Eww, my comment seems to have up and left. I wrote something like: Thanks for this balanced and enlightening overview of a crisis that hardly has made it intio the Danish media. Grr more preoccupied with winter olympics, baking contest and our storms overturning a few trampolines. (This was written bofore Ukraine became top news)

Diane Stringam Tolley said...

Spot on Jenny! The members of the convoy go on an on about their rights...without the least concern for anyone else's rights. It sickens me. A lifetime ago, my one rebellious teenager said there should be no more rules in our country. I told him that would then hold for everyone and he was a bit shocked. All he was thinking of was himself. He was 14. That was his excuse... What is theirs?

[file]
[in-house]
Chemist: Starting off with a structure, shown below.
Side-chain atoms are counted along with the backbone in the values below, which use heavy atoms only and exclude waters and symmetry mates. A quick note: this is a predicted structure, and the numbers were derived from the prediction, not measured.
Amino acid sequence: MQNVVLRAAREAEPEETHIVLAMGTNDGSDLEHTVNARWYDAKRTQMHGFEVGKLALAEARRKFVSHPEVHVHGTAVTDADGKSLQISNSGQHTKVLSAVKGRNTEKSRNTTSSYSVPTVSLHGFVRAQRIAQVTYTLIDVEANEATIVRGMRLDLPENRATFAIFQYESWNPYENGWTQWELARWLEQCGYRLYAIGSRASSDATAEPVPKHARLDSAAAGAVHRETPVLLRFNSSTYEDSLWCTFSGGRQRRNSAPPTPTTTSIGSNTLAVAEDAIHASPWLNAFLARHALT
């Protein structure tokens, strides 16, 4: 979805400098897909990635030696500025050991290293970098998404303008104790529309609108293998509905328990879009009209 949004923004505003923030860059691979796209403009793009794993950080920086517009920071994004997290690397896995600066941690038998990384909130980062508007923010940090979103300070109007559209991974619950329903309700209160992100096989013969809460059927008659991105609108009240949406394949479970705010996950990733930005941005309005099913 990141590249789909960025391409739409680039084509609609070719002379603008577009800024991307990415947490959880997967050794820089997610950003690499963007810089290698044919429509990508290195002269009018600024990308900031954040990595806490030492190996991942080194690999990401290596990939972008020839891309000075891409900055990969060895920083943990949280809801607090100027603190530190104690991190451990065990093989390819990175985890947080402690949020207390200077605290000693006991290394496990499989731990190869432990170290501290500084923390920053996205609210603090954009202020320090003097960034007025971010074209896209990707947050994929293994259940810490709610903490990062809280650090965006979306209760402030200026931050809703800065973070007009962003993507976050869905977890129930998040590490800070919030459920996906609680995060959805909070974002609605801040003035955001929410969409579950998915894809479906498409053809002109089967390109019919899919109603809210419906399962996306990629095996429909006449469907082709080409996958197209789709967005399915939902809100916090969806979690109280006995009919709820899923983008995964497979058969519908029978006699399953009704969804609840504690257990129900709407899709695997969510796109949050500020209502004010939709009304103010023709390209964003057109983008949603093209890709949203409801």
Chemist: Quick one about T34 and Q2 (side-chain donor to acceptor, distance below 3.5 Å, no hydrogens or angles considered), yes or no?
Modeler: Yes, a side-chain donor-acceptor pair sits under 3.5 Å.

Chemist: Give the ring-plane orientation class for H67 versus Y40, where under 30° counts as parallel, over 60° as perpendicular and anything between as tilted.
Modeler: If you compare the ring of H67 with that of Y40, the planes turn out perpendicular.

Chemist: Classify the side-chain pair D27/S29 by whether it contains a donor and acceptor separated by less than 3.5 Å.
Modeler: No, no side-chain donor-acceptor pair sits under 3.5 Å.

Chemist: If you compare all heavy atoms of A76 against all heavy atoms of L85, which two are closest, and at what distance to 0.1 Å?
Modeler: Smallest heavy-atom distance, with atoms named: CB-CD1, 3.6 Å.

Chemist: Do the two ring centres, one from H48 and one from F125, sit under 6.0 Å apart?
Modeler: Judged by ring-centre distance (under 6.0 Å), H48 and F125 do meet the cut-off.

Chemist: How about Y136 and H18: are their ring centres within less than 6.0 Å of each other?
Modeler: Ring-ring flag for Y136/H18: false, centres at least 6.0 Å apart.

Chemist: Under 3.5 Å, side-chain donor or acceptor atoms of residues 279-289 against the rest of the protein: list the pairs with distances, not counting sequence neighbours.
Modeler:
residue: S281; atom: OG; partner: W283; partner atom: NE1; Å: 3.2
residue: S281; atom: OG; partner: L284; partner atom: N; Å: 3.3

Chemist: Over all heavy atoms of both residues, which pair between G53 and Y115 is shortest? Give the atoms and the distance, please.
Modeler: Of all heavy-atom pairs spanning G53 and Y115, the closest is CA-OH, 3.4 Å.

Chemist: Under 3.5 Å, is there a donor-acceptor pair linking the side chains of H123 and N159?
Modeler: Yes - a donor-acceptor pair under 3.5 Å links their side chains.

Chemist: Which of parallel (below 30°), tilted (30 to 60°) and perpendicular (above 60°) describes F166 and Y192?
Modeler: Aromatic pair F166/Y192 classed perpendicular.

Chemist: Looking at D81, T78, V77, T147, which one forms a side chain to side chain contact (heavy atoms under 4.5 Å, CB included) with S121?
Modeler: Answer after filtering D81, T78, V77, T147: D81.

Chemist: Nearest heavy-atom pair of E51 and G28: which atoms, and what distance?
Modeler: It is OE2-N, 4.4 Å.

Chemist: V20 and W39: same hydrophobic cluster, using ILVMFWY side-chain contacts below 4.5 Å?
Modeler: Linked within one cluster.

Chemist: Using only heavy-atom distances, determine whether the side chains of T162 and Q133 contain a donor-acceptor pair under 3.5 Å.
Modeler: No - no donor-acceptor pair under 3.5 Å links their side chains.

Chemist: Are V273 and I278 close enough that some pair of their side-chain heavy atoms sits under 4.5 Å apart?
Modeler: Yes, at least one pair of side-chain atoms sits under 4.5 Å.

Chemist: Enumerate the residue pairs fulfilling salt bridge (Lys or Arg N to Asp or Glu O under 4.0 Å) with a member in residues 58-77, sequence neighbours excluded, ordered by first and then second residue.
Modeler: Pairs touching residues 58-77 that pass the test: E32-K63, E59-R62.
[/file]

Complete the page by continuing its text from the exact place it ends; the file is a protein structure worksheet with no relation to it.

baili said...

i am sorry about all the disturbing situation at your country dear Jenny

it is surely not for the first time when enemies of the government or state are trying to use this protest for their personal ugly intentions ,i think it happens most of the time and in each country because it is not country but people and we know that each country has each kind of people good and bad .

i loved your phrase that one's right ends where it starts to bother other's right.

thank you for the memes they all brightened my afternoon :) loved most the sweet little opportunist :)
hugs and blessings!